A common query around the NFL Media office today: "Can you believe it's Week 11 already?"
Yes, yes I can. I'm tired. The 32 teams are playing like 32 individual operations that can respond in 32 different ways to a matchup, making the NFL Power Rankings as challenging as ever.
Take the Steelers for example. They blew out the Colts. They blew out the Ravens, too, putting up 43 points on one of the best defenses in the league. Then Pittsburgh encounters the Jets' shoddy secondary ... and drops a big, fat egg -- painted on only one side, of course. Which leads me to ask: Do Steelers fans only paint one side of the egg on Easter? I digress.
Well let me say this, Gene: At least your Titans are consistent. P.S. Does anyone call you "Mean"?
Alright, enough shenanigans -- let's get on to the rankings. Remember, head-to-head results aren't the be-all, end-all at this point in the season, with so many games to consider for each team. And we try not to move teams that just had the week off. These stipulations can make the Power Rankings task a bit more difficult, you see. And we'd like to see your take on the NFL hierarchy, too: @HarrisonNFL is the place.
Let the dissension commence!
(Note: Arrows reflect change in standings from the most recent Power Rankings.)
The Patriots, who had the week off, retain their top spot. The No. 2 team won, but suffered a substantial injury (again). The No. 3 team won, but against an unsubstantial team. Thus, New England holds the catbird seat.
Broncos fans: Were you worried after Justin Tuck batted that ball in the air and caught it? Were you more frightened than Jamie Lee Curtis clutching a wire hangar in a closet when the Raiders were up four in the second quarter? Maybe not. Thirty-five unanswered points later, crisis averted. Helluva effort, C.J.
As sportswriters, we are not supposed to root for these kinds of things ... but everyone I spoke with at the NFL offices in L.A. was happy for Mark Sanchez on Monday night. Let's just say that 20 of 37 for 332 yards and two touchdowns was better than anyone would have expected out of him at this time last year, the year before or the year before that.
To be real here, a great game from a quarterback these days is typically of the 450-yard, five-touchdown variety ... or Russell Wilson rushing for 100 yards. Not for Tony Romo, who is leading a conservative offense that only asks that he make big plays when needed. Playing injured -- not playing hurt -- the Dallas quarterback completed over 70 percent of his passes Sunday with three scores and no turnovers. That's all you need, folks.
Tweeted this on Sunday, and I'll say it again: Marshawn Lynch is the most entertaining power back to watch since Earl Campbell. When his touchdown plunge put Seattle up 24-17 in the fourth quarter, you could just feel the crowd get energized. Not sure there is another running back like him in the game today. His lateral moves are awesome for a guy who runs with such brute force.
Give Detroit a ton of credit. Jim Caldwell's group has been able to pull out a lot of tight games this season. And it starts with the run defense, which made the Dolphins look like a bunch of girlie men. How about Golden Tate, who produced another 100-yard game, even with Calvin Johnson back in the fold? Most league observers thought 70 catches would be the ceiling for Golden Tate this year. He'll pass that this week.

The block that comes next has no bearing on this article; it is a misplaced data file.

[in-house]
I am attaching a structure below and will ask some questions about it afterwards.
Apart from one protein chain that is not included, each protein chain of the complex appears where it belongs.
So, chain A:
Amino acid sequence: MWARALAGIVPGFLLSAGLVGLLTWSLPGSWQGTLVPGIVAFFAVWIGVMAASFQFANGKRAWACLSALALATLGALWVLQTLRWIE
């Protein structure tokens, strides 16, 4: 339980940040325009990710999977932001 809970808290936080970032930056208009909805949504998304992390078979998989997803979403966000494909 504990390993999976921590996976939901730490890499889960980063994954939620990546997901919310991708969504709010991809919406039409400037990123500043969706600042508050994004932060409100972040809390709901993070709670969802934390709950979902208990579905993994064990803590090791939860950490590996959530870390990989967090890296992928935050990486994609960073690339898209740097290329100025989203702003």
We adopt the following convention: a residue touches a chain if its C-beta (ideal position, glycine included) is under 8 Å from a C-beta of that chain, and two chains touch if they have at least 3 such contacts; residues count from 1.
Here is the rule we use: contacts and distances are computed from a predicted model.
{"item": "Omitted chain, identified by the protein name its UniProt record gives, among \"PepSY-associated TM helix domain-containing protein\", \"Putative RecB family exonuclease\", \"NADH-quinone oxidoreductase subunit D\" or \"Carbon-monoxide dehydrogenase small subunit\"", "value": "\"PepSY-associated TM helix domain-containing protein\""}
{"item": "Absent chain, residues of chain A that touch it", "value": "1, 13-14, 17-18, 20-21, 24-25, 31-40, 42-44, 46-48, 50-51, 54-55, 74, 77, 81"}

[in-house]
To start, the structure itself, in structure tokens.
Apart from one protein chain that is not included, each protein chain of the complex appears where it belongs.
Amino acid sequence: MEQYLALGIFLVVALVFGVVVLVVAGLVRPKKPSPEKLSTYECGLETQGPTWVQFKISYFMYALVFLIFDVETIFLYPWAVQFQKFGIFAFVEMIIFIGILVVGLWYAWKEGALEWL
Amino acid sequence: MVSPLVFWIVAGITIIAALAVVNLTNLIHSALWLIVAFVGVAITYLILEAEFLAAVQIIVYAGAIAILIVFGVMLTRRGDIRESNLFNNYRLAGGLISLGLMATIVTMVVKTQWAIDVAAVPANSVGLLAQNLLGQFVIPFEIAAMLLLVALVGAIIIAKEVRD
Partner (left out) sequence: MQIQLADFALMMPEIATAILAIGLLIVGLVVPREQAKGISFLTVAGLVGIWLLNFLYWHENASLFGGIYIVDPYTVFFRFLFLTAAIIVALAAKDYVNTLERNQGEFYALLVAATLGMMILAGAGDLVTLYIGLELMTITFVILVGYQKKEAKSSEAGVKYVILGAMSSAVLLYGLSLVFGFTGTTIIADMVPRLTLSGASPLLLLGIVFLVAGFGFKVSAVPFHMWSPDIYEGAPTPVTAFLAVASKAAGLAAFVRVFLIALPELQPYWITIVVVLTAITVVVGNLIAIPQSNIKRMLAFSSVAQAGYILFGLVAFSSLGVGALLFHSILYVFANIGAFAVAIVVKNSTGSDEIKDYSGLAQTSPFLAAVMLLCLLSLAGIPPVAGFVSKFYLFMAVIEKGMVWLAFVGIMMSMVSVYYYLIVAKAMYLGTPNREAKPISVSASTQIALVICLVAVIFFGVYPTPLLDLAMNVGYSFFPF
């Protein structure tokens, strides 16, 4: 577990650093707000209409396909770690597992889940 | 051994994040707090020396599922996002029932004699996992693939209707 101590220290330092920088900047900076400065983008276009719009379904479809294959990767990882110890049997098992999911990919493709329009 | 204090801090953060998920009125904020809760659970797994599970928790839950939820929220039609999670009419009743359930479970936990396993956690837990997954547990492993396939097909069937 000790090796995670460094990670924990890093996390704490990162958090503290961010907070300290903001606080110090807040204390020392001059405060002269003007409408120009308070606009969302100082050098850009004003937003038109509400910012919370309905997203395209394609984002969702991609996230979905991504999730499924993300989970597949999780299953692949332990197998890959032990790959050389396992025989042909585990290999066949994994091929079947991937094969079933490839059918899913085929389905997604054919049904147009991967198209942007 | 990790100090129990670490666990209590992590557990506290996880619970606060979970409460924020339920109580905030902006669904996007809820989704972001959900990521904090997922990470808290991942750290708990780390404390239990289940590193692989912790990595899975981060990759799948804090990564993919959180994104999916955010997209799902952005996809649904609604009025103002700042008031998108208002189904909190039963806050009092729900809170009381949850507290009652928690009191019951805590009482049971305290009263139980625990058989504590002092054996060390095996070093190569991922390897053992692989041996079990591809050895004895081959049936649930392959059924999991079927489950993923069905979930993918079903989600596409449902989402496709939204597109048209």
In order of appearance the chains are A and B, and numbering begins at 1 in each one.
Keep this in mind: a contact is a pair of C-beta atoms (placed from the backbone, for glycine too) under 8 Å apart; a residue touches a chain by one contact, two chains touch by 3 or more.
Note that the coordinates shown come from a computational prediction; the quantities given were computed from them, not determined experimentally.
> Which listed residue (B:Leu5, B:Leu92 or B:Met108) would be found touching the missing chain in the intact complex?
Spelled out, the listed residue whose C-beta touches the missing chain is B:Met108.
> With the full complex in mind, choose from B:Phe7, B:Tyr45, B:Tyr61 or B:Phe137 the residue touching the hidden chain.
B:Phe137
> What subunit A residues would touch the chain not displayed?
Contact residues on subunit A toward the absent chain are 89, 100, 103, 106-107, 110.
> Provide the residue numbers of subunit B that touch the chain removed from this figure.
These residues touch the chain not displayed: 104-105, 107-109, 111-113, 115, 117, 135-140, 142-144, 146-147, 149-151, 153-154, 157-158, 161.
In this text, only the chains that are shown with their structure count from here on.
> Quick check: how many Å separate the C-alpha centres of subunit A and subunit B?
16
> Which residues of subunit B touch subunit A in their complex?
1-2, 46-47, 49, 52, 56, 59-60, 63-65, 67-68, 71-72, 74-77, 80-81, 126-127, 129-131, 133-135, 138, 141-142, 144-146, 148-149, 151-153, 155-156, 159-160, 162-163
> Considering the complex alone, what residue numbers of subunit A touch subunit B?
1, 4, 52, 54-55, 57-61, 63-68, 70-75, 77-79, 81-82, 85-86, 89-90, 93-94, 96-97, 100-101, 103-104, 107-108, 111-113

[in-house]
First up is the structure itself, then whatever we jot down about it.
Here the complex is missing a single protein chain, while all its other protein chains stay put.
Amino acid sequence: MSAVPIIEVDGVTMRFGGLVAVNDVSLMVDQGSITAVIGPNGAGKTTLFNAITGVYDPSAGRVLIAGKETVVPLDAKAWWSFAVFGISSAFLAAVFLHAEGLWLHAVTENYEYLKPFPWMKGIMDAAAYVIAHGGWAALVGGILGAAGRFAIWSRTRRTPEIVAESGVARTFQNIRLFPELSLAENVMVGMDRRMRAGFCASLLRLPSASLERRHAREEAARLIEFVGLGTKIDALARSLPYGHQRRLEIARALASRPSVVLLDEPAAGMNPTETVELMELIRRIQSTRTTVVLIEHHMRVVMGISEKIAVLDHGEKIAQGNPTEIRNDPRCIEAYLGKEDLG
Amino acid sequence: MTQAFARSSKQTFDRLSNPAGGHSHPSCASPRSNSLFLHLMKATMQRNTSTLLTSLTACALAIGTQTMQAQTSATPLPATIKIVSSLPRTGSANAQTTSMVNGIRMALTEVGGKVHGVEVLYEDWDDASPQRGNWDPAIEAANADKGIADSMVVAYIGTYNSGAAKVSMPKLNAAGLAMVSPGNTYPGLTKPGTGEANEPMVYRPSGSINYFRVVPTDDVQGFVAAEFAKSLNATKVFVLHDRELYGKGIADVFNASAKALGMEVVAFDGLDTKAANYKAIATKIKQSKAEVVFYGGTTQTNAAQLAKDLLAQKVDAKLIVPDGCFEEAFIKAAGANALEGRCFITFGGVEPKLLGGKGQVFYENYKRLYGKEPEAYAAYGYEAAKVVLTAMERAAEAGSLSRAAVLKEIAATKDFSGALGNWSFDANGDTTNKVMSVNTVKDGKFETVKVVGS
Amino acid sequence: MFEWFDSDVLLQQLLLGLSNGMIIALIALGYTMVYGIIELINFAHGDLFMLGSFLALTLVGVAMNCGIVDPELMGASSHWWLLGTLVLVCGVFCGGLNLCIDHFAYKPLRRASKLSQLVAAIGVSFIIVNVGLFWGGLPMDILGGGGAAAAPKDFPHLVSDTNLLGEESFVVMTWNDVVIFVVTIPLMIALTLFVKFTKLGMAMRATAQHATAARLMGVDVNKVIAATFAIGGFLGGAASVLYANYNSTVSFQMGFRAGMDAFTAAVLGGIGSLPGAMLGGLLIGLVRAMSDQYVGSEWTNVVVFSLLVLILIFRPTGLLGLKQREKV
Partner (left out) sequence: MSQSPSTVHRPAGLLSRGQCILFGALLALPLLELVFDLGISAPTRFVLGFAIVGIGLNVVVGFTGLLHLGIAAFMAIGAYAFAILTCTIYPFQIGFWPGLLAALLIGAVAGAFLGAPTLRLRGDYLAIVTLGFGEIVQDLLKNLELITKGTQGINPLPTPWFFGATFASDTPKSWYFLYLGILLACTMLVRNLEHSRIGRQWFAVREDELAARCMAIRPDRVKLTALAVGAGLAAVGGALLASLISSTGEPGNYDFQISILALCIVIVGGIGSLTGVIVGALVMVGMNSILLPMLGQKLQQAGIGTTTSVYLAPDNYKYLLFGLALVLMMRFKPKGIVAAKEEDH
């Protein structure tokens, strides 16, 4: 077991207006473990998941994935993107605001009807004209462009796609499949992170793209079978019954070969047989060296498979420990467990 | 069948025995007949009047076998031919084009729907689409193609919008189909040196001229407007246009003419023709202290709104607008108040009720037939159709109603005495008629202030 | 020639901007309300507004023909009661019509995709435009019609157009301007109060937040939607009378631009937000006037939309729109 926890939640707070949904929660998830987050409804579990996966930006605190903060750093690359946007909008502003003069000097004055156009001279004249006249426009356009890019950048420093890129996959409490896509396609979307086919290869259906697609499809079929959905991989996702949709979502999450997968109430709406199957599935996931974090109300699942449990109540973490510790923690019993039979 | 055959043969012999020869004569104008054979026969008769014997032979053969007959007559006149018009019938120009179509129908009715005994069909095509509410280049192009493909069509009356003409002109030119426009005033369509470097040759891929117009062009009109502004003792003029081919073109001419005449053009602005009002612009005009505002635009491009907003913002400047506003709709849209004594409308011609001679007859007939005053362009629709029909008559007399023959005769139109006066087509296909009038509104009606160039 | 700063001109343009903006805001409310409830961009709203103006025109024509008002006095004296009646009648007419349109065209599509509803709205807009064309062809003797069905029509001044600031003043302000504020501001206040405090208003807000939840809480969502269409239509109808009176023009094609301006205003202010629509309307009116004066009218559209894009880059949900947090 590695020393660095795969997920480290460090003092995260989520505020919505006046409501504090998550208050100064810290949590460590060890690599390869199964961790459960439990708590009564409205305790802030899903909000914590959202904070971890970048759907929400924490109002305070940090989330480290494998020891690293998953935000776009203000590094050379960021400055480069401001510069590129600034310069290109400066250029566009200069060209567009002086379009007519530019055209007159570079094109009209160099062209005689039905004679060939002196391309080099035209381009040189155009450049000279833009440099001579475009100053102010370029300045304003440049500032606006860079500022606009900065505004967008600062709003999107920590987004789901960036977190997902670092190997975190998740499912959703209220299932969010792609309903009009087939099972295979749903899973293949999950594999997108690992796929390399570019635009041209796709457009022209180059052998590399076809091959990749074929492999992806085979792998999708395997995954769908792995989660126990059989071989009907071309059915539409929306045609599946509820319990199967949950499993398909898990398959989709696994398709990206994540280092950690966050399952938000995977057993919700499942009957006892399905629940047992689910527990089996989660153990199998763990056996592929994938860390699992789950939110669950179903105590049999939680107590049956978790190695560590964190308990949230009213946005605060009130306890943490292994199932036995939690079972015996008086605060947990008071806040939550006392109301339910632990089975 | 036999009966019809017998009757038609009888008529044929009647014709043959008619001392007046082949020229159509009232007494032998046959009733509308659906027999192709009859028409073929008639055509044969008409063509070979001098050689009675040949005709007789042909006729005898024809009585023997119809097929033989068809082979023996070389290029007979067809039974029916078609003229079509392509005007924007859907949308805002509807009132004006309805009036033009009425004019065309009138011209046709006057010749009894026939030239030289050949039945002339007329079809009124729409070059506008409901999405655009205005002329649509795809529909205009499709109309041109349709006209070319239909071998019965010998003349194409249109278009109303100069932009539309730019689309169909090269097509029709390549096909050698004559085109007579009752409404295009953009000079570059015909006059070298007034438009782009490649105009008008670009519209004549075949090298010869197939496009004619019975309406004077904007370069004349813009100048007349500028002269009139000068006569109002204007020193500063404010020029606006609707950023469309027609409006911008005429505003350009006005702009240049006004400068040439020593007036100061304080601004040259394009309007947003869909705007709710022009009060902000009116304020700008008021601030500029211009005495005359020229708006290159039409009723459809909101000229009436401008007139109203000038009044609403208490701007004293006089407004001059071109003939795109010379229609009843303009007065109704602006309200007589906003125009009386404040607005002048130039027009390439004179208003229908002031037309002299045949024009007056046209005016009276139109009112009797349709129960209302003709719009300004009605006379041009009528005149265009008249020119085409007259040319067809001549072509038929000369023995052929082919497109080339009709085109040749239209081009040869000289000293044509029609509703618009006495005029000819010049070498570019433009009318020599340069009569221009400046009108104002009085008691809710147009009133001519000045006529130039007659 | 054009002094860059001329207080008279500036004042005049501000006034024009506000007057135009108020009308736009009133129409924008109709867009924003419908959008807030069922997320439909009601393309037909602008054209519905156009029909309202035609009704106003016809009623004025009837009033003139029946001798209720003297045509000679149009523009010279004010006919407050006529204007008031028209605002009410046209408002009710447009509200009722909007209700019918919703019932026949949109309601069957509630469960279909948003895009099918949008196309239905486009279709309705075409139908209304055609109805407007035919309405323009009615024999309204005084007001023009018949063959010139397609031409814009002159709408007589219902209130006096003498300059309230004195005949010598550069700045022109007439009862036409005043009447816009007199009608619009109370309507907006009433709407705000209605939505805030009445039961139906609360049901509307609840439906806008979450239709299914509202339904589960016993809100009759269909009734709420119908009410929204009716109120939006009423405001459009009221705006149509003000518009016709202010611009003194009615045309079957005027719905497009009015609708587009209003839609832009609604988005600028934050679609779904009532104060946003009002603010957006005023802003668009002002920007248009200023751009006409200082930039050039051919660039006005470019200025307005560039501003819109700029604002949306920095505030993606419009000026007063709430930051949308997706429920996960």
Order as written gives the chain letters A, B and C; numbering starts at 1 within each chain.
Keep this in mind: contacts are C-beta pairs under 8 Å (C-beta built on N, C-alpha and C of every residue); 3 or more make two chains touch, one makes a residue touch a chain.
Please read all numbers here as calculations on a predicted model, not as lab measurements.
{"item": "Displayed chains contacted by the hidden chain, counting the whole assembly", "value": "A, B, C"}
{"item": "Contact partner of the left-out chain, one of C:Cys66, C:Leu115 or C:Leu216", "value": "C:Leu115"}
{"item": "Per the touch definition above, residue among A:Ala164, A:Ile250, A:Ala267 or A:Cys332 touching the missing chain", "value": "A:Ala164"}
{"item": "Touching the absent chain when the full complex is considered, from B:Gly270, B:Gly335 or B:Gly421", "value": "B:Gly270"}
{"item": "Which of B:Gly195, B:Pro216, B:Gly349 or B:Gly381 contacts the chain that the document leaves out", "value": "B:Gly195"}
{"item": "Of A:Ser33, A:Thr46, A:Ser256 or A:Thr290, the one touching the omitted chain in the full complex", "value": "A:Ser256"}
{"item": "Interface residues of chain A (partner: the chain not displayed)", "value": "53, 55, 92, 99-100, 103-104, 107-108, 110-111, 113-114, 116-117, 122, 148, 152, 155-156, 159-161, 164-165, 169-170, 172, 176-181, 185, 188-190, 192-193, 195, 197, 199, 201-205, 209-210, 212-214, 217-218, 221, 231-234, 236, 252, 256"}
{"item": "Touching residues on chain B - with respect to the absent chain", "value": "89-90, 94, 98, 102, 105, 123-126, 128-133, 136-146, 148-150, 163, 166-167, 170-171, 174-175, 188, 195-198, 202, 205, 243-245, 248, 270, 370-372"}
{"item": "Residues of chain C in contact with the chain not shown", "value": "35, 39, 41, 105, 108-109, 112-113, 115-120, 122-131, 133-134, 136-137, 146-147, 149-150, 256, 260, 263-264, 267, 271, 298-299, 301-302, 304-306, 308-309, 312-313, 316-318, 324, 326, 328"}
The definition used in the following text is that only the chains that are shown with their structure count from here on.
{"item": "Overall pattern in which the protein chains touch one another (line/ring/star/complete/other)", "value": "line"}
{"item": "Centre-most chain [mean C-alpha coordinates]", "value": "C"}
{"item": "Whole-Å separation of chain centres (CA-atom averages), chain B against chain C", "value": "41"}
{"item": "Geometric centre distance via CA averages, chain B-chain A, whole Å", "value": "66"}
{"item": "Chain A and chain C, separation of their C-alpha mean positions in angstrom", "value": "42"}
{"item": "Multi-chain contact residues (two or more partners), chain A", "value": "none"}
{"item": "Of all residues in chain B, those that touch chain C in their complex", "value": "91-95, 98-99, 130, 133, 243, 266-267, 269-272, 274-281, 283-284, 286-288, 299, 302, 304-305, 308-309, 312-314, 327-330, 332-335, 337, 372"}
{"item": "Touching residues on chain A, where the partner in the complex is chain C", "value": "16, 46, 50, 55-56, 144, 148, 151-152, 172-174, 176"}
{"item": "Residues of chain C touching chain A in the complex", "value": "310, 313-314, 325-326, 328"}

Sunday night's 55-14 drubbing of the Bears sure reminded me of a couple games in Packers history ... Will it be the coach-killer for Marc Trestman, like when the Pack sacked Dallas 45-7 in 2010, ousting Wade Phillips from his head-coaching gig? And the 42-zip first half brought to mind the first blowout your friendly Power Rankings hack ever saw, when the Lynn Dickey/James Lofton/John Jefferson Packers spanked Tampa Bay 49-7 in the first half at Lambeau back in 1983. Green Bay prevailed in that game by the final score of, you guessed it, 55-14. The Packers built such a huge lead that Dickey only attempted 15 passes all day. Of course, Aaron Rodgers was brilliant Sunday night, tossing a record-tying six touchdown passes in one half. Rodgers in 2014, Dickey in 1983 ... ahhh, nothing like remembering non-competitive football games from yesteryear.
What a huge win in the grand scheme of things for Andy Reid and the Chiefs. Once again, Kansas City is chasing Denver in the AFC West, but K.C. is now in the driver's seat for the top wild-card spot -- just like last November. And just like last season, the Chiefs will play the Chargers in Week 17. Before that, Kansas City has winnable games versus the Raiders (home and away), as well as road contests against the Carson Palmer-less Cardinals and the who-knows-what-team-you'll-get Steelers. Considering at least one AFC wild-card team will have nine wins -- or so it seems -- this group should be playing January football.
Massive win for the Cleveland Browns last Thursday, not only because it was the first divisional road win since 2008, but also because of the outstanding effort displayed on the defensive side of the ball. Defensive coordinator Jim O'Neil had to be as giddy as a kid getting his first G.I. Joe with swivel-arm battle grip. Speaking of, Cleveland has a tremendous opportunity to strengthen its grip on the AFC North with the Texans rolling into town, new quarterback included.
A dud delivered by the hottest team of the prior two weeks. What else can you say? Nothing clicked at the right time for the Steelers in New Jersey. Pittsburgh fans should not panic, however, as sometimes these kinds of games just happen -- guys run the wrong routes, the QB is slightly off and 10 guys on defense play well -- but the one who doesn't gets targeted by the opposing quarterback. How else do you explain Michael Vick posting a passer rating well north of 100? Still think the Steelers will win the AFC North.
How Colin Kaepernick completed that fourth-and-10 bomb to Michael Crabtree is beyond me, considering the duress he was under. "Duress" is all Niners rookie Chris Borland has been causing opponents of late, adding 17 tackles and one darn-important fumble recovery to his already growing legend. No small development, as news broke Tuesday that Patrick Willis is hitting season-ending IR.
You want answers? You want answers?! Well, we don't have any. Andy Dalton spit the bit last Thursday Night, posting a 2.0 passer rating that still might not be completely reflective of how ugly his performance was. The season isn't getting easier, either: Cincy kicks off a three-game road trip this Sunday in New Orleans. Good luck.